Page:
Data security and breach prevention


Your organization likely will experience a data breach of some kind. And when it does, people will want to know, what you were doing to prevent one, and how you are going to respond.

The latest Ponemon Institute study on patient privacy and data security, released in January, reports on the rise of data breaches in healthcare. Eighty healthcare organizations participated in the study with 324 interviews.

Key findings included:

  • 94 percent of healthcare organizations experienced at least one breach over the last two years.
  • 45 percent of healthcare organizations dealt with more than five breaches during the same period.
  • Leading causes of breaches included lost devices, employee mistakes, third-party mix-ups and criminal attacks.

According to the study, the average cost of a data breach to a healthcare organization hit $2.4 million, up from $2.2 million in 2011. Most of that goes to clean up: paying federal and state fines, setting up hotlines and covering the expense of potential victims' access to credit bureaus and the like.

Additionally, there's the damaging publicity surrounding breaches, especially those deemed avoidable.

Michael "Mac" McMillan is CEO of CynergisTek, a firm specializing in information security and regulatory compliance for healthcare. He teases out the numbers to lend a bit of clarity.

"Take that $2.4 million average cost of a breach," McMillan said. "Say the average hospital operating margin in 2012 was 2.5 percent. For every dollar you lose on bottom line, you have to make $40 on the top line to replace it. So in reality, your $2.4 million cost for a breach is potentially costing your organization $96 million."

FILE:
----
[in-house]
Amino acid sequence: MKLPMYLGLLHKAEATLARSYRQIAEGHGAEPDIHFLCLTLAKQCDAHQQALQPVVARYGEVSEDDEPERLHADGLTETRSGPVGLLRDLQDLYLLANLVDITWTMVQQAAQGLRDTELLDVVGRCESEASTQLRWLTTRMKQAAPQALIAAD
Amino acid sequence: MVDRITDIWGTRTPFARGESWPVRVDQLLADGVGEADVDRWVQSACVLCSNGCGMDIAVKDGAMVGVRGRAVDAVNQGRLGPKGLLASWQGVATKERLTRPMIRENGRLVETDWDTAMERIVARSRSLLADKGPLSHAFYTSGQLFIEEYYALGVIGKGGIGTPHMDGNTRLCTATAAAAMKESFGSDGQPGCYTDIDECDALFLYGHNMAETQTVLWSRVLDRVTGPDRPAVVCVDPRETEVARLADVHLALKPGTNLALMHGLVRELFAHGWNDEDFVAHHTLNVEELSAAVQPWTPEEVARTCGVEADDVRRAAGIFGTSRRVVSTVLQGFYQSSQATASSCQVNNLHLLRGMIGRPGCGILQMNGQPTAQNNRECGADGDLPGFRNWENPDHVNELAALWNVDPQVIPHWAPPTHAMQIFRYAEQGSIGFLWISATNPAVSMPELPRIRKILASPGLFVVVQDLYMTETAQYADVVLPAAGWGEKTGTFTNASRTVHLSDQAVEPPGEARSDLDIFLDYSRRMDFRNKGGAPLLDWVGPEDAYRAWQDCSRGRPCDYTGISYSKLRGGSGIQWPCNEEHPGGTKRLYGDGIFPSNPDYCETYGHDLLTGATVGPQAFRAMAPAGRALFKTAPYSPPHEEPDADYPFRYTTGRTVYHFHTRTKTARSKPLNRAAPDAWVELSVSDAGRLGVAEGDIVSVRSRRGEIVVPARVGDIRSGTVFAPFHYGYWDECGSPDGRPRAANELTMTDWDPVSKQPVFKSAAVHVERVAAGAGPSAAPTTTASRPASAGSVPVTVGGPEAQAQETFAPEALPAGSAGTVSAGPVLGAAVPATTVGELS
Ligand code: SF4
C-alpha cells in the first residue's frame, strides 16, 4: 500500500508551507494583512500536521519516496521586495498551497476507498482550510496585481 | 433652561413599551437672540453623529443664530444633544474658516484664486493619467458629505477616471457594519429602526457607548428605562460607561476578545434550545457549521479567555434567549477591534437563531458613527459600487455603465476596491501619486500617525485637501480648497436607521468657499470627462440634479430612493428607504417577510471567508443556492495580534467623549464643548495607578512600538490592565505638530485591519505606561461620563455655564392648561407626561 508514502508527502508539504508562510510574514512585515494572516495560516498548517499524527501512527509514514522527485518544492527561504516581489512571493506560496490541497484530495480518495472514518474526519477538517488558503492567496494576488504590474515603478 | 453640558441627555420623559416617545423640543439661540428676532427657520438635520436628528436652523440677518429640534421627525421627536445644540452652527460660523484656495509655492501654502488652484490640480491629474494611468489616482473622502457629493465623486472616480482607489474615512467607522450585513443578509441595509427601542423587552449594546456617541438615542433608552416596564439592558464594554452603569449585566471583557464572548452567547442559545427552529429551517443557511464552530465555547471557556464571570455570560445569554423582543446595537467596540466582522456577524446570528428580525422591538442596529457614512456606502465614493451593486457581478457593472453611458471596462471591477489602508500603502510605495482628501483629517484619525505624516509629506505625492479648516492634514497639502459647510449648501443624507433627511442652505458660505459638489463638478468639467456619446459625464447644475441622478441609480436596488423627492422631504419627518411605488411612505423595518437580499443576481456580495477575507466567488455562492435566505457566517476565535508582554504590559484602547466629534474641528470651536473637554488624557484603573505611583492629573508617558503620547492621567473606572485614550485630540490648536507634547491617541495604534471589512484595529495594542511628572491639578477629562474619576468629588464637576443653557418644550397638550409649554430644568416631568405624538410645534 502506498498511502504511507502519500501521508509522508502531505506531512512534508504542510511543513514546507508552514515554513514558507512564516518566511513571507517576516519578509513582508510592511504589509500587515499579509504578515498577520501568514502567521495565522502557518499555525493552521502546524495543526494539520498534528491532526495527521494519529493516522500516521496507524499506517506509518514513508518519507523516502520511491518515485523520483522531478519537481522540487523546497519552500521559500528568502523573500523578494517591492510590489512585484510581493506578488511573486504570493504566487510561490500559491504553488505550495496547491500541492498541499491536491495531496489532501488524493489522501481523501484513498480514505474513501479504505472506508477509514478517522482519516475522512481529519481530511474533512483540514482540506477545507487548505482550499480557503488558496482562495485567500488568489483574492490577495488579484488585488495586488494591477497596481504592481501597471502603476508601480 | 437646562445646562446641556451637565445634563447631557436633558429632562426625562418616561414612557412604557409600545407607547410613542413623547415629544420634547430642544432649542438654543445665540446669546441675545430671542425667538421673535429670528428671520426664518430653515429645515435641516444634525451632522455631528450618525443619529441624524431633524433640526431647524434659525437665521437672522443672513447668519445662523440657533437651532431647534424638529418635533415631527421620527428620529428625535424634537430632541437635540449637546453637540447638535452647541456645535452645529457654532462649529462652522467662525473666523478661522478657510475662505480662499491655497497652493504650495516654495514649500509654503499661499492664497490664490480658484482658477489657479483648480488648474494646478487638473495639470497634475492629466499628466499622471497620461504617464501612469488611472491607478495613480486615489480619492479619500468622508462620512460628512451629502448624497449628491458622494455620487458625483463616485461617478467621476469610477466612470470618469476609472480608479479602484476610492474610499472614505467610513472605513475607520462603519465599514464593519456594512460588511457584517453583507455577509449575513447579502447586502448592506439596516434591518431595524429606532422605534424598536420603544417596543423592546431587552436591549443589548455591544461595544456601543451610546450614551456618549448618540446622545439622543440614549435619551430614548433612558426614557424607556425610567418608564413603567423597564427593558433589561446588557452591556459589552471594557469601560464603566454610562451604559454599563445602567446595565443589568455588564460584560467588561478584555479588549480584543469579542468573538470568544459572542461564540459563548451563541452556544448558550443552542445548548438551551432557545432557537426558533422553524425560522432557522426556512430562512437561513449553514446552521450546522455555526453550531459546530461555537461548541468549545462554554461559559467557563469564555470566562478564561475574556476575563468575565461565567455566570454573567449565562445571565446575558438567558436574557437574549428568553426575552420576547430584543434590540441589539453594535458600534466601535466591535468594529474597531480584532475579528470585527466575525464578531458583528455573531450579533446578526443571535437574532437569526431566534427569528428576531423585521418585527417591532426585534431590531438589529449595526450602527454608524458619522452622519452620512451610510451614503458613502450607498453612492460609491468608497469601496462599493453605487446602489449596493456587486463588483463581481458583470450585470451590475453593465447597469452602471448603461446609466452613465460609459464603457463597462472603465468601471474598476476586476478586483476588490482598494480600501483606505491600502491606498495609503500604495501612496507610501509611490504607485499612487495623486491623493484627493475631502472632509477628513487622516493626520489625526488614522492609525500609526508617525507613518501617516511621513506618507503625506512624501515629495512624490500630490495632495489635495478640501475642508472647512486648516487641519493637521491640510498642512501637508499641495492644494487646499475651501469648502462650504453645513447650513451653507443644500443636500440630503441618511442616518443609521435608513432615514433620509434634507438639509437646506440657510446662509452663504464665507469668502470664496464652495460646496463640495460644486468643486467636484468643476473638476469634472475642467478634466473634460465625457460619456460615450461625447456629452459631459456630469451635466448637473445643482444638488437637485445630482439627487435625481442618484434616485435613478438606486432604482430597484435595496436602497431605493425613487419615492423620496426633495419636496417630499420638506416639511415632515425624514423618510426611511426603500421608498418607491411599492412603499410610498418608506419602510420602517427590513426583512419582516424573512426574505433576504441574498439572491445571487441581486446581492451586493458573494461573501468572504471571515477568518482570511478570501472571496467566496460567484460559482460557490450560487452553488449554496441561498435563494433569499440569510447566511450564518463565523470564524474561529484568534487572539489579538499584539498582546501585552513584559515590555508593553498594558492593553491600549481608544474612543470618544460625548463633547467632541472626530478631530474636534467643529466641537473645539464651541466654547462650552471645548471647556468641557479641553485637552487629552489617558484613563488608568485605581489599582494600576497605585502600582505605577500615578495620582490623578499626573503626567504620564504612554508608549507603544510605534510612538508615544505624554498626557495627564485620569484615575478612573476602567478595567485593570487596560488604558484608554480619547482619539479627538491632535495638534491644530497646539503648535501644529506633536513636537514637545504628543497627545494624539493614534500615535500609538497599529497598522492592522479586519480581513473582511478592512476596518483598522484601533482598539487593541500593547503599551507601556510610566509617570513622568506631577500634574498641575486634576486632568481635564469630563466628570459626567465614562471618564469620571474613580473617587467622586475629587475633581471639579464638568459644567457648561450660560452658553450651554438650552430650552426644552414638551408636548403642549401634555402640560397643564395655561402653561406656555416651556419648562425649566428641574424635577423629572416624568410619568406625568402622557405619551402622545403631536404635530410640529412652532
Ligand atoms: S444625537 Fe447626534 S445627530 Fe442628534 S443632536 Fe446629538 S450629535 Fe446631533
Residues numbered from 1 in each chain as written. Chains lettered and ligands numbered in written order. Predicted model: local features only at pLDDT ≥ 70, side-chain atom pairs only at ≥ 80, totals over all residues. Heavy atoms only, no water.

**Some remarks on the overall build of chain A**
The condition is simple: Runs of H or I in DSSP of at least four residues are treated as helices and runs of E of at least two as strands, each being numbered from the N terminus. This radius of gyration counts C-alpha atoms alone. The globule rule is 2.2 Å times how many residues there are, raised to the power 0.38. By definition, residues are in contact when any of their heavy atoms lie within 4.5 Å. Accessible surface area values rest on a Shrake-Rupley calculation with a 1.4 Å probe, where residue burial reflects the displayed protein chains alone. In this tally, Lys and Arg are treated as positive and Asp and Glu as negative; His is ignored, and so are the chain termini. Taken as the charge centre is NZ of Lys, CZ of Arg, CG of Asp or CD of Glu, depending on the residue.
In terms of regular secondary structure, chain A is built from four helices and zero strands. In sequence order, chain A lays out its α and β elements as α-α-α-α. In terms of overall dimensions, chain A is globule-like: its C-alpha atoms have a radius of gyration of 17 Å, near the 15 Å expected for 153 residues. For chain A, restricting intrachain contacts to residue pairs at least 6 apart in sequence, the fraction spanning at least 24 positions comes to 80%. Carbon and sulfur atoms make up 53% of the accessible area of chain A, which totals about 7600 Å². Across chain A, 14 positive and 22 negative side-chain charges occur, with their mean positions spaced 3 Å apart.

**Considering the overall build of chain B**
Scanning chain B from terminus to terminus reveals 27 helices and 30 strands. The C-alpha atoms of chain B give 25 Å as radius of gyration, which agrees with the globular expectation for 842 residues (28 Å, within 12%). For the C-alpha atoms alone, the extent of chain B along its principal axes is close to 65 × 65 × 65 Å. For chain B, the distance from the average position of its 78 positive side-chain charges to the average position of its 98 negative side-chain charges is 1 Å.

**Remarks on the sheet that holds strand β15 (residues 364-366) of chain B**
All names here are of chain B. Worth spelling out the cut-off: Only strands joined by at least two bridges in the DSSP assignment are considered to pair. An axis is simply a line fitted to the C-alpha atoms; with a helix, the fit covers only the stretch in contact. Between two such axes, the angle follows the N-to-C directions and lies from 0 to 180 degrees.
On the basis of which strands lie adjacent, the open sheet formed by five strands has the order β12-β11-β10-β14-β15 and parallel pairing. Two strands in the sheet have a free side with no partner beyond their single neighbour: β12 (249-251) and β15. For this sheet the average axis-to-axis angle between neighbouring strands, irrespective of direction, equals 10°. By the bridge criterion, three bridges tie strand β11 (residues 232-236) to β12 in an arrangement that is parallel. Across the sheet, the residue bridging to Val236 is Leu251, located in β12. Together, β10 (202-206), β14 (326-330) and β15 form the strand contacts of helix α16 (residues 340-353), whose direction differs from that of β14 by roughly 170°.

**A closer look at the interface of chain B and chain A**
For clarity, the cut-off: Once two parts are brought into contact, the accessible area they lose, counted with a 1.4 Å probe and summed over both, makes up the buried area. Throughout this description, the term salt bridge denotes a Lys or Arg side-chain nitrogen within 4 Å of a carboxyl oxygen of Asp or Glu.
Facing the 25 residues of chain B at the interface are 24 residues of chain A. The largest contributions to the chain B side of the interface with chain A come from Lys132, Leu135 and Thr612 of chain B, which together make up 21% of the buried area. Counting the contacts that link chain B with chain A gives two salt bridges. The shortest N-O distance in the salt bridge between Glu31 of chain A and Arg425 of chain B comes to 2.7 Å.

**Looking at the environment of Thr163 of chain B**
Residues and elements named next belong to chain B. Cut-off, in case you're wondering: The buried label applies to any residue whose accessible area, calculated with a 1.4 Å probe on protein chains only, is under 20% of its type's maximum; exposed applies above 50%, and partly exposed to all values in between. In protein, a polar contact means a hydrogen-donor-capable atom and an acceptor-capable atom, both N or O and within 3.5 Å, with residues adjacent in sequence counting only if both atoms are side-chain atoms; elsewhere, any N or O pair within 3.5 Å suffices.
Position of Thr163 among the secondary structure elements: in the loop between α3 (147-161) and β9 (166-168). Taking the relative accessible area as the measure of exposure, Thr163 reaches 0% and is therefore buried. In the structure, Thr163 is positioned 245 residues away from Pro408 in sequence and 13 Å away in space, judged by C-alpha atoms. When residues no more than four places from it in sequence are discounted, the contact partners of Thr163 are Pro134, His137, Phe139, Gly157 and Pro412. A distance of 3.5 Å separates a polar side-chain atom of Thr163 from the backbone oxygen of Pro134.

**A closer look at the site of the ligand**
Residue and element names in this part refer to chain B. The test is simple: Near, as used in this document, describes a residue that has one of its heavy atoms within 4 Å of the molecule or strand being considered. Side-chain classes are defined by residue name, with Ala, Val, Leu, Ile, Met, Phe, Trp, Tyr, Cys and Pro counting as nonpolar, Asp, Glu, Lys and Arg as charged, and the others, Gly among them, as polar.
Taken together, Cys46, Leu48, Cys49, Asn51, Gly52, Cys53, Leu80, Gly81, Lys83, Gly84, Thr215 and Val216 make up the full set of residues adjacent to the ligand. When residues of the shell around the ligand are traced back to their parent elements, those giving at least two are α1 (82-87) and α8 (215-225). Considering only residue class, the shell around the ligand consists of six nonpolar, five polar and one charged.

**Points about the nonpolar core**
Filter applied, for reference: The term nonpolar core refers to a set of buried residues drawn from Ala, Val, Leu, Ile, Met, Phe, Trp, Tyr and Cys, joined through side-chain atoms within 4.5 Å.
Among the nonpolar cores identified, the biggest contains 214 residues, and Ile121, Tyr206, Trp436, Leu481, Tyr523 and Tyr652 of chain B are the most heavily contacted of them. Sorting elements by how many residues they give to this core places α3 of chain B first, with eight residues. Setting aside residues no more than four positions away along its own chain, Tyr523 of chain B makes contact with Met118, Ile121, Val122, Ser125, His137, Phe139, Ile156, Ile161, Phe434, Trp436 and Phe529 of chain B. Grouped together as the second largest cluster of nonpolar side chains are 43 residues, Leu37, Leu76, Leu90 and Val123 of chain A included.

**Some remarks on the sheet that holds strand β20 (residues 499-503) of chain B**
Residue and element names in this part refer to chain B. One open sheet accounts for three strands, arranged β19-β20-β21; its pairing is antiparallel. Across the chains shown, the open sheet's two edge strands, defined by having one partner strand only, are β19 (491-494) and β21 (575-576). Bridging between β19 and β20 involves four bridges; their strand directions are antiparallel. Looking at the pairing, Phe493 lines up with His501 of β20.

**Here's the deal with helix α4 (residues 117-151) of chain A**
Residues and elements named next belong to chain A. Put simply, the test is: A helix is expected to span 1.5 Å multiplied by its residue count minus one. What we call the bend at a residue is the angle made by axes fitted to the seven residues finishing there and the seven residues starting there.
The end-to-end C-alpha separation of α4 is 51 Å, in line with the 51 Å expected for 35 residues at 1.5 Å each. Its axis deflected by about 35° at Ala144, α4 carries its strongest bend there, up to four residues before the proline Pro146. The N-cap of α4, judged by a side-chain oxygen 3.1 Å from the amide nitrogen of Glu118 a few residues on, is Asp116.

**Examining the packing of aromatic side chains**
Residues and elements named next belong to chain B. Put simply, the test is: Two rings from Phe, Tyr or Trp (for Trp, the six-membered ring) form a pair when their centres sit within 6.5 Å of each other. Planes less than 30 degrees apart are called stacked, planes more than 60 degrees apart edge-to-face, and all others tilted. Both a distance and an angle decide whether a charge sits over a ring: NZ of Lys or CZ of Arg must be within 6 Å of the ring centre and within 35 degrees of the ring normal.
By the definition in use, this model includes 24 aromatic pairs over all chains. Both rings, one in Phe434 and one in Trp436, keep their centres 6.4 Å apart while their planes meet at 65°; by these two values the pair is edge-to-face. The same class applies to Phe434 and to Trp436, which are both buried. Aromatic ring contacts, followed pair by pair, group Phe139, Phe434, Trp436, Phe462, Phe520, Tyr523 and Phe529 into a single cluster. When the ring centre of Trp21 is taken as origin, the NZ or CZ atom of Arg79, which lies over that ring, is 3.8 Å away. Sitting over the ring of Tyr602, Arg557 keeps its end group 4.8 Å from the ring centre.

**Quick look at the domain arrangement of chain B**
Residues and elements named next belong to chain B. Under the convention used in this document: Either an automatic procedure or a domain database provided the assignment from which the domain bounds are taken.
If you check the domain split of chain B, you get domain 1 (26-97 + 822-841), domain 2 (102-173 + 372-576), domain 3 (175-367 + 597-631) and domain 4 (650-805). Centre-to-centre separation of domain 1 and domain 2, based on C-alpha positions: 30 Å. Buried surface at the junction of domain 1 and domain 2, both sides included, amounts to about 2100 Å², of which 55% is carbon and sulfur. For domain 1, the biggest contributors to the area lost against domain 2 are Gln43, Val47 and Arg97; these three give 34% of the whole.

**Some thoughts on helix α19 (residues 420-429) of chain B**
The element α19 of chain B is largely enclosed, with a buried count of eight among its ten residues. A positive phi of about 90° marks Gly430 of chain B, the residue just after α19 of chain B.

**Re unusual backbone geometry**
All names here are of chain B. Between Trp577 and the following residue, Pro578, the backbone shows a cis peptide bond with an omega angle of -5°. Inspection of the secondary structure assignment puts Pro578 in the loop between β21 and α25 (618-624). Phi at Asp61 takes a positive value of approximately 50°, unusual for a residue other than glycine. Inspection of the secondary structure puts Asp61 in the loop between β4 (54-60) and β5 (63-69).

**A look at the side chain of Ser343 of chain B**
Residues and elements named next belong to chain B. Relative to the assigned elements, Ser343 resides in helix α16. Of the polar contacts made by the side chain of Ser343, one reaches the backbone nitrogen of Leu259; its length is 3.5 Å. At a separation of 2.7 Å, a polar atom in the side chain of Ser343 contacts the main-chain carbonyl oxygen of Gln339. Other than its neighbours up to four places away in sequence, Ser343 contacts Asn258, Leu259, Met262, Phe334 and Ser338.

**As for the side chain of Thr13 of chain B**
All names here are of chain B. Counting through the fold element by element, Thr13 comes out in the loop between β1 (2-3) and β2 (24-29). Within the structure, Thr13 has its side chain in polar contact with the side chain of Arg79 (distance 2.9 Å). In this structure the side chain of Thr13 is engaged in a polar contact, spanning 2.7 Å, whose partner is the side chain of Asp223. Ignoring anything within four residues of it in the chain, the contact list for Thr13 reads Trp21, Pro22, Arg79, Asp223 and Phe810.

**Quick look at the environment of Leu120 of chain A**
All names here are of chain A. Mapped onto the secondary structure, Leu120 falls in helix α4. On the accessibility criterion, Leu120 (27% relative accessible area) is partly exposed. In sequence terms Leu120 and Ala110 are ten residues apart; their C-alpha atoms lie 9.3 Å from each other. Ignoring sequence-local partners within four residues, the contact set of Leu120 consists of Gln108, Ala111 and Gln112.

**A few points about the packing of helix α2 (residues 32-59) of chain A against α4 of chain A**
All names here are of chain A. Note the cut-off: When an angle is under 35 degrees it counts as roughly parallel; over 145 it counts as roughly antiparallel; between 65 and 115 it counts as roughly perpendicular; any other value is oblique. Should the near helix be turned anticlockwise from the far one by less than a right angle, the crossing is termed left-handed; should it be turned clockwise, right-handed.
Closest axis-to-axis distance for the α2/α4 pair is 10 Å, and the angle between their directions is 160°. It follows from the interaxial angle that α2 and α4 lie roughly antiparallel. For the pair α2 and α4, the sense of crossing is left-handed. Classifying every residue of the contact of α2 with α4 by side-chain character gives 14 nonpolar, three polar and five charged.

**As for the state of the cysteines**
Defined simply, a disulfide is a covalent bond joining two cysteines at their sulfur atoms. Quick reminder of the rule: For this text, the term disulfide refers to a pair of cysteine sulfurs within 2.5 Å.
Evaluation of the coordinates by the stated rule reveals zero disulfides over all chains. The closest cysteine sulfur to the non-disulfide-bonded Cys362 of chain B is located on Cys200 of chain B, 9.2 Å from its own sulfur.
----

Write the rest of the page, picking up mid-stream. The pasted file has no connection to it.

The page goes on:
Numbers like that drive at the heart of your business. Money intended for the purchase of a physician group or establishing that new ACO might suddenly be redirected to cleaning up a breach.

"Healthcare is not only the No. 1 target for cyber threats, it's also No. 1 in terms of incidents of fraud," McMillan said. "That's because we have so much valuable information. We have everything the finance sector has, and then some."

As organizations merge and acquire new properties, the threat only grows. Your hospital may have a robust network security system and staff that is trained and monitored. But, McMillan points out, what about that physician group that's recently come on line? Or the staff of that new ACO? In short, how strong is your organization's weakest link?